Dec. 20 (Bloomberg) -- CFR Pharmaceuticals SA’s offer for South African drugmaker Adcock Ingram Holdings Ltd. is set to double the Chilean company’s debt as it seeks to expand abroad and may load Adcock with more liabilities.
CFR increased its offer to buy Adcock, the Johannesburg-based maker of Panado painkillers and Corenza cold medicine, by 2 percent to 12.8 billion rand ($1.2 billion) on Dec. 13. The bid, with a minimum of 50 percent to be paid in cash, values each share in the company at 74.50 rand to 75.78 rand, Adcock said.
To raise the cash portion of its offer, Santiago-based CFR has borrowed about $600 million, more than doubling its debt from $520 million, according to data compiled by Bloomberg. CFR will use Adcock’s assets as security, according to a Dec. 11 note by Johannesburg-based analyst Mark Ingham of Ingham Securities. Should the deal be accepted by shareholders, the combined companies’ debt of about $1.2 billion will be five times its estimated earnings before interest, tax and other deductions, Ingham said.
The yield on CFR’s $300 million bond due in December 2022 was 6.29 percent yesterday, 86 basis points, or 0.86 percentage point, higher than July 3, when the drugmaker announced plans to buy the South African company. Fitch cut the outlook on CFR’s rating to negative that month.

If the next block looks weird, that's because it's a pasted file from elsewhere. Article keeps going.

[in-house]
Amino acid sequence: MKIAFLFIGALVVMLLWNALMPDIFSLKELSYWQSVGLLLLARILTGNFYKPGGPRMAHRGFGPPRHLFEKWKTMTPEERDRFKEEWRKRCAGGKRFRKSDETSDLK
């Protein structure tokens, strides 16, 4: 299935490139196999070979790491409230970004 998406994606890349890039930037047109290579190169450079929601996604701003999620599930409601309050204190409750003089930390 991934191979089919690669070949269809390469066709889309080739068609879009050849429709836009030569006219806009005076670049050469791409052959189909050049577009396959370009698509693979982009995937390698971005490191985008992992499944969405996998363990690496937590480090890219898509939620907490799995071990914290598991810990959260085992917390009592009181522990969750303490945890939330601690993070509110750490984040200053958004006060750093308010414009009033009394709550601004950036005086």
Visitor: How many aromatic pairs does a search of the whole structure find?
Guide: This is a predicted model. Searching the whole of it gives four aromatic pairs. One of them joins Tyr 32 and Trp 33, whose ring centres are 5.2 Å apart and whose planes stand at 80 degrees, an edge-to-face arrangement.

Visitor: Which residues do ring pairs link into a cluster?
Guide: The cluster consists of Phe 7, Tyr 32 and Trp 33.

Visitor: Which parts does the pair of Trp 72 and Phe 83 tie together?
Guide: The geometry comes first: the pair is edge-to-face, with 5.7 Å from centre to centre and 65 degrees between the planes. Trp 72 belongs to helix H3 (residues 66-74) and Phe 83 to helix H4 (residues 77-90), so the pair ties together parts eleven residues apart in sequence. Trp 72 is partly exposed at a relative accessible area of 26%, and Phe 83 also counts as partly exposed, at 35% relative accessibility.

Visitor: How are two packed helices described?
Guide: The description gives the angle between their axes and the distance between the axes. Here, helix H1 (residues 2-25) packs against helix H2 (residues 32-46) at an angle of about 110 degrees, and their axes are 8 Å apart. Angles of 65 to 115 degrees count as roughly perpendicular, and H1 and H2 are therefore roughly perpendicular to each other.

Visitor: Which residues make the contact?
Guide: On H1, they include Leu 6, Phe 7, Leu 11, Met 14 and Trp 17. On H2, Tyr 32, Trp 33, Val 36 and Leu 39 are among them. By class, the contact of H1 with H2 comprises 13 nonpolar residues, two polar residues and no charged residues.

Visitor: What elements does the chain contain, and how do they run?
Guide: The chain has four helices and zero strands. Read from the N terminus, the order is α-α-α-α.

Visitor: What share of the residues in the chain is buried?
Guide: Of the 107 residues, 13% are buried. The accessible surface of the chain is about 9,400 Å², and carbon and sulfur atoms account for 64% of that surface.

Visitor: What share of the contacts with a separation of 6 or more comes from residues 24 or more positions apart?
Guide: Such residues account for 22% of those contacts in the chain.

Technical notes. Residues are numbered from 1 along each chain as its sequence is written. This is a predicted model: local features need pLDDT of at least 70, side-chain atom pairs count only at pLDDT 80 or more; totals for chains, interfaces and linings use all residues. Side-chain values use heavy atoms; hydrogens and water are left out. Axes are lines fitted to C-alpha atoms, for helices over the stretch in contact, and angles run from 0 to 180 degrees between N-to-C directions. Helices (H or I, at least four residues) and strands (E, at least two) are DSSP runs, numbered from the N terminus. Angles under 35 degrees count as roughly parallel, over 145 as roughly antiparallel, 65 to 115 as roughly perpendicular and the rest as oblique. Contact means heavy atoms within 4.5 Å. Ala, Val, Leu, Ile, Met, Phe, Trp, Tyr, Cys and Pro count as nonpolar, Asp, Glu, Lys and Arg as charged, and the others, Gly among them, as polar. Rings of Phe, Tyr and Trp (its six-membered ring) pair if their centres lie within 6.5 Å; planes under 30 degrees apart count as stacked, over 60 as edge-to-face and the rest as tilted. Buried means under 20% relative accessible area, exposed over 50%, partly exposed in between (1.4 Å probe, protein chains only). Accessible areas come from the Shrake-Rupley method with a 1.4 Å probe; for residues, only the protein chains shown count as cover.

A group led by Bidvest Group Ltd., South Africa’s second-biggest company by revenue, made an all-cash proposition of 70 rand a share to buy a 34.5 percent stake in Adcock on Dec. 2.
Bidvest also filed a complaint regarding the financing of CFR’s proposal. CFR needs a guarantee from Adcock to finance a loan required to complete the potential deal, Bidvest said in a document lodged in the High Court in Johannesburg on Dec. 3. Provision of that guarantee would be “unlawful,” Bidvest said in the document. The financial assistance that Adcock may give CFR won’t be unlawful, according to Adcock’s board.
“The Bidvest speculation is that there must be an undisclosed present commitment by Adcock Ingram to provide financial assistance,” Adcock said in a Dec. 13 statement. “This speculation by Bidvest has no foundation in fact and is incorrect.”
David Unterhalter, counsel for Bidvest, yesterday argued at an Adcock meeting that the new CFR offer is based on the issue of new CFR shares and that this will have financial implications that “are not spelt out, but will be dilutive in effect.”
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